who'd have thought you could have so much fun grubbing about in ditches at the side of the road?.. we found lots of tadpoles, toadspawn, diving beetles, cased caddisfly larvae and several palmate newts.

Friday, 11 May 2012

May 11th 2012

A group of students from Langholm Academy and Langholm Primary have been volunteering with the Making the Most of Moorlands Project  for several weeks now, working towards their John Muir Discovery Award. The group volunteer every Friday and have undertaken various moorland activities to help them reach the Discover, Explore, Conserve and Share challenges of the award.

Today the group explored the freshwater invertebrate life in the Tarras and came face to face with some weird and wonderful creatures including a Golden Ringed Dragonfly nymph (photo), Swimming Mayfly nymph and Cased Caddisfly Larvae.

Wednesday, 2 May 2012

The Making the Most of Moorlands project recently played host to a student from Moulton College in Northamptonshire. Kate spent a week in Langholm undertaking works experience.

 This is what Kate had to say after her week in Langholm:

'I'm so glad I chose to spend a week in Langholm as it has taught me so much and has given me a wide range of experience, which has made me come home to Warwickshire feeling like a different person. I became interested to in the project when Dr Cat Barlow came to my college, Moulton College in Northampton, and gave a presentation. I was interested in the project because I take BTEC Level 3 Subsidiary Diploma in Countryside Management and wish to pursue my future career in conservation and ecology after going to University.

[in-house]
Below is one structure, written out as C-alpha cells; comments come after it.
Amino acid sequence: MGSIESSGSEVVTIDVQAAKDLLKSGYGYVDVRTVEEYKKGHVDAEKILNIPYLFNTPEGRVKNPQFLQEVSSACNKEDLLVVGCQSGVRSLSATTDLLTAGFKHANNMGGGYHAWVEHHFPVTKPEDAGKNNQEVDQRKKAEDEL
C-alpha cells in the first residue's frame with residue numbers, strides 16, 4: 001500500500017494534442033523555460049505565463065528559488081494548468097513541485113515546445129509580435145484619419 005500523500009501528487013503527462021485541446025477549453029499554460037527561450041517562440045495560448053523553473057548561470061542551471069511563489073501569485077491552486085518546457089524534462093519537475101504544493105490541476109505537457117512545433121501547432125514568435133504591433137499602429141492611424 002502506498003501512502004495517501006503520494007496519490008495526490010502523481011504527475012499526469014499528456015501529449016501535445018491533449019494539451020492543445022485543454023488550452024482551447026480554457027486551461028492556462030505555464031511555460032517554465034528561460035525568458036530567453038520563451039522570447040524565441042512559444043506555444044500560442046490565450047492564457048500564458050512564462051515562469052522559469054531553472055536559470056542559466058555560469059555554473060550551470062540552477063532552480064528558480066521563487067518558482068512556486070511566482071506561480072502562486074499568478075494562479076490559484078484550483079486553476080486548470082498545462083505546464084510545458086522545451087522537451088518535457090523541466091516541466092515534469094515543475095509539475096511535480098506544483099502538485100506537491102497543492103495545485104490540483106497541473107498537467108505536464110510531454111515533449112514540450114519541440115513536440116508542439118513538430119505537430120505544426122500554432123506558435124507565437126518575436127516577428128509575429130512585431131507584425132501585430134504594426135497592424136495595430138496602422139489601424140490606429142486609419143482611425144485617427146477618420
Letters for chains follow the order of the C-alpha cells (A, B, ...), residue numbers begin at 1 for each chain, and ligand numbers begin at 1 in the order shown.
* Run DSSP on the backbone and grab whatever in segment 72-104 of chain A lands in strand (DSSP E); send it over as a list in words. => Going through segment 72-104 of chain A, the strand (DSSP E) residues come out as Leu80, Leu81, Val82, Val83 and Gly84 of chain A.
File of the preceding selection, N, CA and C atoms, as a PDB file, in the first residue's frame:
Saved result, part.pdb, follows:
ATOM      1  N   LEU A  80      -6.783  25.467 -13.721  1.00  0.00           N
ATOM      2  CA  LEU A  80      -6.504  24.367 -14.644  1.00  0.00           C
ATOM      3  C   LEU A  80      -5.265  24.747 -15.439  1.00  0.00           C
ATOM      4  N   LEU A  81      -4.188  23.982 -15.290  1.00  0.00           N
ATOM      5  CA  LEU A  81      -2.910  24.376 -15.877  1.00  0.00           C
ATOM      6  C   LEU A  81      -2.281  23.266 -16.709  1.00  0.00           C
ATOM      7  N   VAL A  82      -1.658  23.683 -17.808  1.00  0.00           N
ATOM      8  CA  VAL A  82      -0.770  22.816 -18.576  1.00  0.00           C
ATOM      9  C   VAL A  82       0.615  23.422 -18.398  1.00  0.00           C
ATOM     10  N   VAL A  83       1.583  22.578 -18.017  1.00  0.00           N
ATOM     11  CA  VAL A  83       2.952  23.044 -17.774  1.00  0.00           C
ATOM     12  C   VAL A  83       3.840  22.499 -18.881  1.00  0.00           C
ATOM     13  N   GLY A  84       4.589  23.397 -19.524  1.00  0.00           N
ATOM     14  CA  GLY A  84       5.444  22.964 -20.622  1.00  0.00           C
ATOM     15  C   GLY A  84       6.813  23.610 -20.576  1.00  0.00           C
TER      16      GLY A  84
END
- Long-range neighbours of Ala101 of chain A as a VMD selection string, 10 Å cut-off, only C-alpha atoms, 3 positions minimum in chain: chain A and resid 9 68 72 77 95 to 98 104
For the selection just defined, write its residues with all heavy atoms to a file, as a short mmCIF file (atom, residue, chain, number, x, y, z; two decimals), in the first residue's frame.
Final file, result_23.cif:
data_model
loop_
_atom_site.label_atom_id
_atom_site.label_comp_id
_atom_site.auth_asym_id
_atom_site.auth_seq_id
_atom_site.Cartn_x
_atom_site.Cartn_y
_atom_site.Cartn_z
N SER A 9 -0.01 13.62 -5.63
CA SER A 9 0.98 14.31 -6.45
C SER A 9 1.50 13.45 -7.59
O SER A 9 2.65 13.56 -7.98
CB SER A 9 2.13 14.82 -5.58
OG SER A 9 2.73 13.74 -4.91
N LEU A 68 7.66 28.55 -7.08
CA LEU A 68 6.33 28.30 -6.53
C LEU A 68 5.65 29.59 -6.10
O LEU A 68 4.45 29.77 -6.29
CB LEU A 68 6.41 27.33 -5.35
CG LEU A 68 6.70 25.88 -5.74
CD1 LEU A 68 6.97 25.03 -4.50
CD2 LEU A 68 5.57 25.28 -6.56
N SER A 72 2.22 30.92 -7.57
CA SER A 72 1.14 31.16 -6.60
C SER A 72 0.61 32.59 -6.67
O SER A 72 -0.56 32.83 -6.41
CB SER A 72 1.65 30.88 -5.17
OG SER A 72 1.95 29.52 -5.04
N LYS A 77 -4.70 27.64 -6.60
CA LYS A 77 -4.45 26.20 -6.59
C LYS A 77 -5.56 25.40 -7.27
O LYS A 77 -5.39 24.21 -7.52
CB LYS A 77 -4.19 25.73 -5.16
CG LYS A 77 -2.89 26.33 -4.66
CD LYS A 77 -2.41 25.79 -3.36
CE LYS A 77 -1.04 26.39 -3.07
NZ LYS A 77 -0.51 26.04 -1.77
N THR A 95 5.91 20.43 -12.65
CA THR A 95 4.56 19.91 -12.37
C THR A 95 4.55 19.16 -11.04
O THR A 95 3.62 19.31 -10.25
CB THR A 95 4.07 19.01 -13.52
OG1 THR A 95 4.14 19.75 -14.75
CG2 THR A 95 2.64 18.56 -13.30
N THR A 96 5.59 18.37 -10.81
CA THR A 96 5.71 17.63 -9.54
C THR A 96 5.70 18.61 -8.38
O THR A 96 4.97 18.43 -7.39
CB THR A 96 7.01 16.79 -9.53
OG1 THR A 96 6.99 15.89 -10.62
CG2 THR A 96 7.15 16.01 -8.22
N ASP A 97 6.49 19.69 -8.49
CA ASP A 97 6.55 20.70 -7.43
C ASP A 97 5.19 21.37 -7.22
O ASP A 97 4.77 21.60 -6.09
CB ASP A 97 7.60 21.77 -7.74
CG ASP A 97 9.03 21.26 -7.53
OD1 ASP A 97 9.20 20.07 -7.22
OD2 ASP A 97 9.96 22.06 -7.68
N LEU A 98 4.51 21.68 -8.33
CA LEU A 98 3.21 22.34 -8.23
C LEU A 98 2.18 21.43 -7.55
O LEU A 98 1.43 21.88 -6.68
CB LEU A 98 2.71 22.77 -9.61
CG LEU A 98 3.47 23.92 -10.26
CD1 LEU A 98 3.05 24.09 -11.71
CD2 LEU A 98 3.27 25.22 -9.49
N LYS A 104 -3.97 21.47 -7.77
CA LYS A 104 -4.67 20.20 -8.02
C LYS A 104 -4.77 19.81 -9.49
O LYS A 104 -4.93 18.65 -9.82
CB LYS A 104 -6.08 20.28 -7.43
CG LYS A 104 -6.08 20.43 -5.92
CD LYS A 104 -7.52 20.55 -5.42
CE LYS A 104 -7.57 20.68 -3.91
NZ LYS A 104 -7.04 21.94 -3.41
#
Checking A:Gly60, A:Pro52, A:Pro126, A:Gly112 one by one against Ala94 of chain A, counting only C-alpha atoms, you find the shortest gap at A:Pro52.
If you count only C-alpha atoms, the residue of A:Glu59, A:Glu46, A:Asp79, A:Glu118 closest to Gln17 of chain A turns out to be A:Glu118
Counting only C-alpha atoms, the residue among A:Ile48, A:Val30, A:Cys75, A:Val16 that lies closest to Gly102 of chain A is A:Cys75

Being only seventeen and in my first year in my course at college it meant that I had not done much work experience so the experience at Langholm was fantastic because it covered a variety of tasks.
I experienced many things in the week I was there, from setting out mustelid tunnels, seeing the hen harriers, to moorland walks, ringing birds and even a wild food forage. None of which can I actually say was my favourite part as I found them all amazing and interesting.
I came home overwhelmed with information that I had learnt and I have found that I am much more confident in identifying plants, birds, mustelids and even the skeletons of some animals. I would have loved to have had longer than a week to spend at Langholm as it was outstanding experience and I would happily go back.'
Kate Howe (17 yrs, Warwickshire) Moulton College
April 15th saw Cumbrian Chef John Crouch lead a spring themed wild food forage and cooking demonstration. The group enjoyed sunny weather whilst foraging for dandelion, wood sorrel, hawthorn leaves, Ramsoms, wood sorrel and ivy-leaved toadflax for a hedgerow salad.

The group also enjoyed a Hawthorn Roulade, Fried Herrings with Garlic Mustard, Nettle and Lentil Soup and an Easter Trifle with Crystallised flowers.

April has been a great month for spotting the first young birds. Have been watching several dipper nests on the Esk and the Tarras, watching them take their first flights and steps has been amazing. The cold northerly winds has slowed progress on the moor, many smaller birds have moved to lower ground. Lapwing, Curlew, Golden Plover, Black Grouse and Red Grouse have been seen and heard displaying. A single male Hen Harrier has been displaying on the hill, but as yet he has no mate..